Authorities in Oklahoma seized $3 million worth of kratom at the behest of the Food and Drug Administration in the latest attempt by the federal agency to pursue an agenda that flies in the face of available research.
On Tuesday, May 2, United States Marshals seized the products from Botanic Tonics of Broken Arrow, Oklahoma due to a complaint filed on behalf of the FDA. The seizure is just the latest action taken under the claim of kratom being a new dietary ingredient and relies on the same reasoning that was dubbed “disappointingly poor evidence,” and will cost an American-owned business millions of dollars for being caught in the crossfire of the FDA’s agenda against the botanical supplement.
United States Attorneys representing the Northern District of Oklahoma filed a civil forfeiture complaint in district court last week, which led to the action taken by the Marshalls. As part of the forfeiture, authorities seized nearly 250,000 bottles of liquid kratom products, a tank containing kratom products, and more than 1000 kilograms of bulk powder kratom.
The questions in the wake of this action comes due to a lack of information provided in the court filings: Is this the case of questionable actions by a vendor, or has Botanic Tonics wound up in the crosshairs of the FDA, which used its leverage in federal courts to seize products that are legal per state law?
Botanic Tonics has come under question in other states, including a class-action lawsuit filed in California. Those claims center on Feel Free, a drink product produced by the company that features a “proprietary blend” of kava extract and kratom. Individual experience with the product echoes concerns that have arisen with adulterated kratom and products that are unclear on potency and dosage.
California has not passed a version of what is known as the Kratom Consumer Protection Act. In other states, KCPAs have set standards for product labels, potency limits and other consumer information. In California, kratom remains unregulated with no standard for labels, product restrictions or penalties for including adulterants and/or synthetic kratom.
At the same time, Oklahoma is one of 10 states who have passed a version of a KCPA, including age restrictions and requirements for labeling and manufacturing standards. The Oklahoma KCPA was signed into law on May 24, 2021. Photos included in news stories surrounding Botanic Tonics products in California do not include proper labels per Oklahoma law, but it is unclear if Botanic Tonics had changed packaging to meet standards, or if the FDA action had anything to do with adherence to state law.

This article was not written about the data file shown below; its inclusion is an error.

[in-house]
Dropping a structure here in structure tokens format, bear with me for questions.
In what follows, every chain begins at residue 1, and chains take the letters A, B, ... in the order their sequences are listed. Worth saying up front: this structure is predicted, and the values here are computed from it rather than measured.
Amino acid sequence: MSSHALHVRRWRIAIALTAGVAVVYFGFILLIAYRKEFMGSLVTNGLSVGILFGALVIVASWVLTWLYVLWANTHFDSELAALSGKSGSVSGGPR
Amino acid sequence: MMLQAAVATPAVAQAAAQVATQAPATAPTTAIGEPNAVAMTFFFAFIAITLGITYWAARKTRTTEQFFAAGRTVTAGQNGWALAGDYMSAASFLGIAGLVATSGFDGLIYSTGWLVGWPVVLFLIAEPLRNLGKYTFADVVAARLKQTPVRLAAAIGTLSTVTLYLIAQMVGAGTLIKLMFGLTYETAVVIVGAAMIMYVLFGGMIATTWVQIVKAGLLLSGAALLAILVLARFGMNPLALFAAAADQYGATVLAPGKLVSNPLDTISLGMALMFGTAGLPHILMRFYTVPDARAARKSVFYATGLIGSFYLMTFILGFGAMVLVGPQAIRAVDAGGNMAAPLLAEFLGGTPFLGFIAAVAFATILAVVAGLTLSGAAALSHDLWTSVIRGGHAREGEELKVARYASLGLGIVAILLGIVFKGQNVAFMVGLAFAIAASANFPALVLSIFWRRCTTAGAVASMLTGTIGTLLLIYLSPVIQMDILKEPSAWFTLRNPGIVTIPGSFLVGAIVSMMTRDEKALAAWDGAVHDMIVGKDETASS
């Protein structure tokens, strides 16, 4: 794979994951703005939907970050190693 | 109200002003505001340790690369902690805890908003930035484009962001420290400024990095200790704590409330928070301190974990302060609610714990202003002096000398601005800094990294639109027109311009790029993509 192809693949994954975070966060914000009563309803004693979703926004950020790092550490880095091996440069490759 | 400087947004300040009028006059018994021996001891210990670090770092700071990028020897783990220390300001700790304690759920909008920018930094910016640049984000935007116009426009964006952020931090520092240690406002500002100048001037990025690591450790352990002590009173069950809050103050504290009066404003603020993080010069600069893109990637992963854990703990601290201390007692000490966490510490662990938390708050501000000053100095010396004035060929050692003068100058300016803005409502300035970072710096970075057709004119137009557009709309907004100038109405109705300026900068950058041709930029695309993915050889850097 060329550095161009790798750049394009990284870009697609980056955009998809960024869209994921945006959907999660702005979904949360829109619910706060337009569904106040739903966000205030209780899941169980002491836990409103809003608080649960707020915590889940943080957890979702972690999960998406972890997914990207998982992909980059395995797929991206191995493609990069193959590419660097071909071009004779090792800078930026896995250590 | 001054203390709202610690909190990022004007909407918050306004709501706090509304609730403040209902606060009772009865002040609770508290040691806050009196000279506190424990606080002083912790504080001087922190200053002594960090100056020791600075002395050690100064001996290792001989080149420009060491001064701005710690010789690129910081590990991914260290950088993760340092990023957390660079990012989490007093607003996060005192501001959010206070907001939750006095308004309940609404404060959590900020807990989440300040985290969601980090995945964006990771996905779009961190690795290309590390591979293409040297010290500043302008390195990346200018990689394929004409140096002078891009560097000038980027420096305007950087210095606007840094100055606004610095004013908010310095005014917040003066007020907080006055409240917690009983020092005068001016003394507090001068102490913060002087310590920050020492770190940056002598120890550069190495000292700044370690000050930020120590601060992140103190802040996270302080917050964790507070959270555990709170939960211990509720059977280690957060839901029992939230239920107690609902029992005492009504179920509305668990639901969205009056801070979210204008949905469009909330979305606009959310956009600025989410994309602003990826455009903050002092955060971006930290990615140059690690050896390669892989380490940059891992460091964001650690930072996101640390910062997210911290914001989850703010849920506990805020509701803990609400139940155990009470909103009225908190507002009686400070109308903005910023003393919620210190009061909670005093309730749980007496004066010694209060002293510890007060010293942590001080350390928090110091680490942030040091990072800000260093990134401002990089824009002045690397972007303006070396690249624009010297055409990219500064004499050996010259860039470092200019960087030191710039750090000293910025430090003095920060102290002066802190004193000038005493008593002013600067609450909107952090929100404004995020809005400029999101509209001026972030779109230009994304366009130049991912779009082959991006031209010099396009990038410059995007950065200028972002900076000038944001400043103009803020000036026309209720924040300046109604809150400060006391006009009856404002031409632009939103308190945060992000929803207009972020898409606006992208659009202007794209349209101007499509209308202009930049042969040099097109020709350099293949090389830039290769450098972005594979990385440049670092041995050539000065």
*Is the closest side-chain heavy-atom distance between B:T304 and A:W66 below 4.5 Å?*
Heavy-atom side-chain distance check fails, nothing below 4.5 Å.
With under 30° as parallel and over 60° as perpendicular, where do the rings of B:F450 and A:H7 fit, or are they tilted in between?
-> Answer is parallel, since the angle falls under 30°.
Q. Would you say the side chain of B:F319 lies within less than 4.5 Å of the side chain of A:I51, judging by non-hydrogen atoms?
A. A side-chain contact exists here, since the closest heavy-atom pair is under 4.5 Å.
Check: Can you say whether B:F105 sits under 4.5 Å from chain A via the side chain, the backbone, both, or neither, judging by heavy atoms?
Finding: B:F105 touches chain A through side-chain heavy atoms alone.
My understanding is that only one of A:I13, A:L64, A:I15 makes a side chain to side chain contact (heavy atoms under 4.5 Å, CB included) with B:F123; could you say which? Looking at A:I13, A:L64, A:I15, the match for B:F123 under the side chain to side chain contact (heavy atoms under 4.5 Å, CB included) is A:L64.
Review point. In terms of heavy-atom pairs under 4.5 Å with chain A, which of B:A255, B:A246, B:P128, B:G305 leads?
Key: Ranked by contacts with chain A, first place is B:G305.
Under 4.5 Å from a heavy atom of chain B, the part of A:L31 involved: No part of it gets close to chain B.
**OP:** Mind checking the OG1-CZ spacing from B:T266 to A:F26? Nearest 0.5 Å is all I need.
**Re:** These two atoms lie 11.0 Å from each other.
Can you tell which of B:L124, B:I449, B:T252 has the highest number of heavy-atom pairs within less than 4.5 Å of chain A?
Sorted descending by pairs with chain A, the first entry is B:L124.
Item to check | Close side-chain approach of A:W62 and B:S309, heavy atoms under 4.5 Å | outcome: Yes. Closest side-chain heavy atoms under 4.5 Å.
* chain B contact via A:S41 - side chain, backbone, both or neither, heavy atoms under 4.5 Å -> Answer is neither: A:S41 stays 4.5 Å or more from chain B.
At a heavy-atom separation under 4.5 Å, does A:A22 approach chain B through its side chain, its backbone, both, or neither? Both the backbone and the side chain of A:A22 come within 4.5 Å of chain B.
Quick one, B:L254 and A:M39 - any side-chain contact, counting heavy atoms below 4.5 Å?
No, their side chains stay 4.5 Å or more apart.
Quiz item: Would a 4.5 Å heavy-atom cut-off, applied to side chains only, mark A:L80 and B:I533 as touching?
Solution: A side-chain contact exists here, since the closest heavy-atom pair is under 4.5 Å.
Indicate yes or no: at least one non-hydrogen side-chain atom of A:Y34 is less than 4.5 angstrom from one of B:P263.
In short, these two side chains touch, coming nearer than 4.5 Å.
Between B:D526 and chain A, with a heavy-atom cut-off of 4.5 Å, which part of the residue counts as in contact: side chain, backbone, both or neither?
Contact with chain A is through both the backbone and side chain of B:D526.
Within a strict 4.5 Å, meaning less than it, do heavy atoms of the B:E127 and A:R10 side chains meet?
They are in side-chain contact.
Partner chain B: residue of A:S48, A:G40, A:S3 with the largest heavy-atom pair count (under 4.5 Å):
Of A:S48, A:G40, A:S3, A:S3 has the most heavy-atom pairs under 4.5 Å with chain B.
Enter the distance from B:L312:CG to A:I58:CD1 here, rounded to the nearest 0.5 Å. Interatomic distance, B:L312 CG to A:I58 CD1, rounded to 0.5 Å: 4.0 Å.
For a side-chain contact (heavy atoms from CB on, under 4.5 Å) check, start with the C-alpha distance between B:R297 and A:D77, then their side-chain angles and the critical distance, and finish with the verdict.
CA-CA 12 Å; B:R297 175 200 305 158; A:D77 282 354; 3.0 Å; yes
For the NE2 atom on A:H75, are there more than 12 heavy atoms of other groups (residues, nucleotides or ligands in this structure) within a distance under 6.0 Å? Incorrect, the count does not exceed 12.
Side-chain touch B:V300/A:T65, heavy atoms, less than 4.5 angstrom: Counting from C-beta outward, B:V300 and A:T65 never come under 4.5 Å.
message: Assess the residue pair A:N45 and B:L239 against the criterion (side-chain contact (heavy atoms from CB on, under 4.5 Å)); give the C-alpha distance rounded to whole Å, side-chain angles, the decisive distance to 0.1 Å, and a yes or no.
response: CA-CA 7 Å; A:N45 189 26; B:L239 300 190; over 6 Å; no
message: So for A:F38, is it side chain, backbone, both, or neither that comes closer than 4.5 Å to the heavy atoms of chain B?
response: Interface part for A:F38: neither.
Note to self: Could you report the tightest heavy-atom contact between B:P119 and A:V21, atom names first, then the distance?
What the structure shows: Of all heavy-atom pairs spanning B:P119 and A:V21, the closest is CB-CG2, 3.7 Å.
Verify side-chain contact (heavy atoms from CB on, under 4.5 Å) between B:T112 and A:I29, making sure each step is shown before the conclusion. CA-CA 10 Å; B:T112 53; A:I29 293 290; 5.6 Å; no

Considering the FDA’s actions, the American Kratom Association, a consumer advocacy group, contends the seizure “undermines states’ authority to protect the health, safety, and welfare of their citizens,“ and the court’s approval of the action goes against the findings of other government bodies.
“Having failed to make the case to ban kratom on statutory criteria set by Congress…the FDA is now unfairly abusing the import alert authority granted by the Congress by using it as a tool to create a de-facto ban on kratom they cannot justify on the evidence and data required by the CSA.”
Beyond simply the effect it has on the businesses who wind up being targeted by the FDA, advocates are worried it could set a dangerous precedent.
“It was never the intent of the Congress for the FDA to use the import alert authority as a self-styled pocket ban on any product, including kratom,” said the AKA.
At the center of the claim is a repeated refrain from the FDA about kratom being a “new dietary ingredient for which there is inadequate information” to ensure safe consumption. In this complaint, as well as in the numerous import alerts that have been issued against kratom, the FDA claims the available research indicates “serious concerns” about the effects of kratom.
The only issue is that those claims fall apart upon further review of that research. Those same claims have also been rebuked upon inspection by other formal governing bodies.
Two attempts to federally schedule kratom have fallen short. In 2016, the petition was rejected as lacking evidence required by the Controlled Substance Act. The next attempt was withdrawn by the Department of Health and Human Services after Dr. Brett Giroir, an assistant Secretary of Health, with a letter that said the attempt presented “disappointingly poor evidence and data and an overall failure to consider public health.”
Giroir vowed to “work expeditiously with colleagues throughout the U.S. government to seek transparent and scientific input.”
As it stands, kratom is still legal at the federal level but has no approved medical use per the FDA’s restrictions on how the plant can be marketed. The FDA has used the concept of faulty medical claims as another reason to target kratom, but even that reasoning doesn’t hold up upon further inspection.
Per a release from the AKA, the group has alerted the FDA to more than 65 kratom vendors for using “illegal marketing claims.” The AKA says that the FDA is yet to initiate a single case, instead opting to use the bad actors as a reason to take action on all kratom consumers and vendors.
It’s an issue that the AKA addressed in its statement: “Consumers using kratom to help with health and wellness issues is vastly different than a kratom vendor using illegal therapeutic claims to sell products, and the FDA sits silently and allows that to occur shows both their complete failure to protect the public health from the real issue: The sale of kratom products that are either adulterated or misbranded to enrich those vendors making illegal health claims.”